Rather then giving us 2X or 3X max HPs at start, give us level 0, 6 HP, 2 skills to be chosen from profession and craft skills. 0Level can be the background, it's what you learned before you started training to be an adventurer. Maybe allow for training in one weapon or one knowledge skill.

A real 0 level, where it helps new adventurers survive, and can be used for role-playing purposes, without forcing someone to choose between a skill their character would know based on the background and a skill the character would know based on the need to survive.
Goodman games uses a level zero. My gaming group liked it. It gave them a bit of a bump in HP. It did hurt rogues skill points, so I house ruled something. But overall, I'm all for a zero level, and if WOTC does not do it, maybe Goodman will recreate a version for 4th ed.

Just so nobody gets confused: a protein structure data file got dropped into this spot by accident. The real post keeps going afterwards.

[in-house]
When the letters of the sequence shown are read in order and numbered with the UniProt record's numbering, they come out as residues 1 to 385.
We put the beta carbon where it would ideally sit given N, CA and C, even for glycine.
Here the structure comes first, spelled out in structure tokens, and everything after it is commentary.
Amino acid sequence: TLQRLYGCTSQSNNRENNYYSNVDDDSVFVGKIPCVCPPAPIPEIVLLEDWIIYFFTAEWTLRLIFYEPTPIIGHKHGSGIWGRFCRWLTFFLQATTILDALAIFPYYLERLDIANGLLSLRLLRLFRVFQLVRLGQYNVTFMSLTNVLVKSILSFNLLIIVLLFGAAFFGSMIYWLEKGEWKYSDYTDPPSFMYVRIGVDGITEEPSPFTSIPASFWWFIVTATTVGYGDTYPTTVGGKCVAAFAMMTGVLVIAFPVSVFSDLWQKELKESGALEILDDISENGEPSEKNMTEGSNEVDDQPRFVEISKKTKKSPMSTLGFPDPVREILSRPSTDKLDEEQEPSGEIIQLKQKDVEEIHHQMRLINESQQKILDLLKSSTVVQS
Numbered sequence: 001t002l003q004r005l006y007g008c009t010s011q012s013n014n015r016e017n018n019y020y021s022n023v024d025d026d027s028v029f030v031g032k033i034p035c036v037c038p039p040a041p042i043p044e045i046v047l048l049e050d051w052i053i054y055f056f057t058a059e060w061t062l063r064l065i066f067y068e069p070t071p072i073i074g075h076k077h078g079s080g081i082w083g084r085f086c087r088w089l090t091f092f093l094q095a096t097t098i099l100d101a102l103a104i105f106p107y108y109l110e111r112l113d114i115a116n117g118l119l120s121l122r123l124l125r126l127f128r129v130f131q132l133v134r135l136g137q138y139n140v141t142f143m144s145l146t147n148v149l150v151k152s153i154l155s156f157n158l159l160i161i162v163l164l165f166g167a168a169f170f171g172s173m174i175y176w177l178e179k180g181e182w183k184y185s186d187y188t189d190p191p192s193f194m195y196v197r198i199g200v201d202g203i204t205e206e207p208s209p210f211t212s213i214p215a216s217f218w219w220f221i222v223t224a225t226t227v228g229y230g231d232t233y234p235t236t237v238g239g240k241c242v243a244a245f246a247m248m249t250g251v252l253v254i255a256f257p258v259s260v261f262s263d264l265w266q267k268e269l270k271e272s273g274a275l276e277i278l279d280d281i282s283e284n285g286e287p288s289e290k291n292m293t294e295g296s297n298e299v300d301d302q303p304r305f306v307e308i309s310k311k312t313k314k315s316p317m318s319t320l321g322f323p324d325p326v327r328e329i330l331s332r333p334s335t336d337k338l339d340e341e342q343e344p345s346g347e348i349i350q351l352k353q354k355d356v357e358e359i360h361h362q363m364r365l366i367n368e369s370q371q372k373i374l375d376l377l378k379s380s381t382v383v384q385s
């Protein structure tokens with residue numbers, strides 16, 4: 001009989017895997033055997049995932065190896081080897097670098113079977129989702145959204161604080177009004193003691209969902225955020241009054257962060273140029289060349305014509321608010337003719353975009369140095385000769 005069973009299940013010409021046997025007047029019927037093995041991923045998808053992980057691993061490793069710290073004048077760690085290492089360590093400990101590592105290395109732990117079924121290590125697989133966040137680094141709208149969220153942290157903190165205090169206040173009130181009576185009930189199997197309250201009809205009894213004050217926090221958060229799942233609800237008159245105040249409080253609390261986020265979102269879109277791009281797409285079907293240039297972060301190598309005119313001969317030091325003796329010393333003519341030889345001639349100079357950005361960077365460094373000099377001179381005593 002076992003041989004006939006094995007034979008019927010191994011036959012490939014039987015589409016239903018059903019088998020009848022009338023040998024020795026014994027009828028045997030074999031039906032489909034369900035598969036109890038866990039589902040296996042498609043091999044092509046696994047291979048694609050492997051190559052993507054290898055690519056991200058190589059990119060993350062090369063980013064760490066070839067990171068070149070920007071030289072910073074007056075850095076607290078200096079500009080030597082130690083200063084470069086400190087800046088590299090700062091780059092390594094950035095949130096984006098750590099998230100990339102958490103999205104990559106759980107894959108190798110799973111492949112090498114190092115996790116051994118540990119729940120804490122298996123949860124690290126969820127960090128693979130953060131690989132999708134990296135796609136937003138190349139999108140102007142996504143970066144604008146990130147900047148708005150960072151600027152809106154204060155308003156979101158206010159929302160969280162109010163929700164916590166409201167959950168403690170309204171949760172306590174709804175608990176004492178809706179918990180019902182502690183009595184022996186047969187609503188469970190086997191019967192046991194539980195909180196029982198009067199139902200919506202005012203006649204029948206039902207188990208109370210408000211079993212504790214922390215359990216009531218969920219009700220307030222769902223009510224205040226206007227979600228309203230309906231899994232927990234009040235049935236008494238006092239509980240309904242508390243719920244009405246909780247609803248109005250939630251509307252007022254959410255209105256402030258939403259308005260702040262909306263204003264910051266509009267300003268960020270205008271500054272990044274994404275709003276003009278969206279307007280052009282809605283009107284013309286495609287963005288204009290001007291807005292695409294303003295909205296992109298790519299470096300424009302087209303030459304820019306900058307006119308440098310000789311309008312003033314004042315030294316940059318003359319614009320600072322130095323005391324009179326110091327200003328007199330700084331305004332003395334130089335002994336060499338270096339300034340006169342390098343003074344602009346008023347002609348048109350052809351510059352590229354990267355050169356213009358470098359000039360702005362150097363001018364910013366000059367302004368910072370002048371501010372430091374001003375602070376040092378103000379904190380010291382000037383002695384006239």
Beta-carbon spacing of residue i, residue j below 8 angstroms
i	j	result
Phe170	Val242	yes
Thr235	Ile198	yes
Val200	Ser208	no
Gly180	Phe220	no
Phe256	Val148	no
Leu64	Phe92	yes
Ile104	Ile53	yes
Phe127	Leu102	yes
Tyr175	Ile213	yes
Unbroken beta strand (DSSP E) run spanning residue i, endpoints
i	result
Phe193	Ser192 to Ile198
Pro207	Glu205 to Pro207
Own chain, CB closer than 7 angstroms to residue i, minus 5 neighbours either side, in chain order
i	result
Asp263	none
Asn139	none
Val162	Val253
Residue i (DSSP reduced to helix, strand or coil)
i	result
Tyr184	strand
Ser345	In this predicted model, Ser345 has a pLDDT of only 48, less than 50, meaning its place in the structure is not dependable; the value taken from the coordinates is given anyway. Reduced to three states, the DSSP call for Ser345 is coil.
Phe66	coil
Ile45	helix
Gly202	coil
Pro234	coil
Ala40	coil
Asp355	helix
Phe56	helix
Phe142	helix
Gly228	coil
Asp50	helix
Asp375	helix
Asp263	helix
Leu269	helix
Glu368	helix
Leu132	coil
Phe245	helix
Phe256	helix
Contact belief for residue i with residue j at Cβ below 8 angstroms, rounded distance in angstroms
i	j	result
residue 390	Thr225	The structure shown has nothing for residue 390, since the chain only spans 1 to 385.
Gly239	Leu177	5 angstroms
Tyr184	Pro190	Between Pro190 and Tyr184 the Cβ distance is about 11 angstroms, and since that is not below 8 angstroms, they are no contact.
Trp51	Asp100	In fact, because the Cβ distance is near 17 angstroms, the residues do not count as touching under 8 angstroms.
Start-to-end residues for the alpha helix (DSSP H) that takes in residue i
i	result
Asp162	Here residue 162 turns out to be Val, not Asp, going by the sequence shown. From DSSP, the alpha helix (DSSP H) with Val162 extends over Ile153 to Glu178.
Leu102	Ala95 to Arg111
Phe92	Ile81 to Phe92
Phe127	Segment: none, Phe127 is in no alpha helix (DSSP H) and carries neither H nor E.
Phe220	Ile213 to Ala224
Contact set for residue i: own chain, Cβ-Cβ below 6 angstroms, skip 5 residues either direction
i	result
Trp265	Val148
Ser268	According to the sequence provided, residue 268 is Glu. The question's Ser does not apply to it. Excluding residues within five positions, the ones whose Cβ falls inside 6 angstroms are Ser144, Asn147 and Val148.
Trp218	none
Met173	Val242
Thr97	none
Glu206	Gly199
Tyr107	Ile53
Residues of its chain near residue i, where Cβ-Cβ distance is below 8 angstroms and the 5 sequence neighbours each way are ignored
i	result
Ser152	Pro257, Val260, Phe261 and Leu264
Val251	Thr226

Cheers
My own preference in a 3.5 game would be to have racial HD for all creatures. It bothers me that gnolls have HD for being gnolls, but elves are physically composed purely of the classes that they take.

Notice that gnolls' initial bump to skills is all applied according to "gnoll class skills," strongly defining the type of character a low-level gnoll is. This approach would require "racial class skills" to be spelled out for the 1-HD creatures like humans and elves.

For instance, as an idea:
Elves would learn spellcraft, diplomacy, move silently, etc. easily.
Dwarves would learn concentration, disable device, detect motive, etc. easily.
Halflings would learn hide, move silently, bluff, etc. easily.
Humans can choose a certain number of skills to be their "racial class skills"

Thus rogues and sorcerers of each race would potentially excel early on at different niches.

Most likely, PCs begin play with their racial HD and a class level, so they are not quite so likely to drop dead after one hit.

And commoners, by definition are the people with only the one racial HD. No potential 15th-level commoners--the very concept is absurd.

Of course this whole idea seems lost on 4e, since they've announced a very different type of system. Oh well. I just hope that I am still able to add class levels to any monster if I want to; and to play as any monster if I'm willing to ignore balance issues. We'll have to see if I like 4e better than my idea.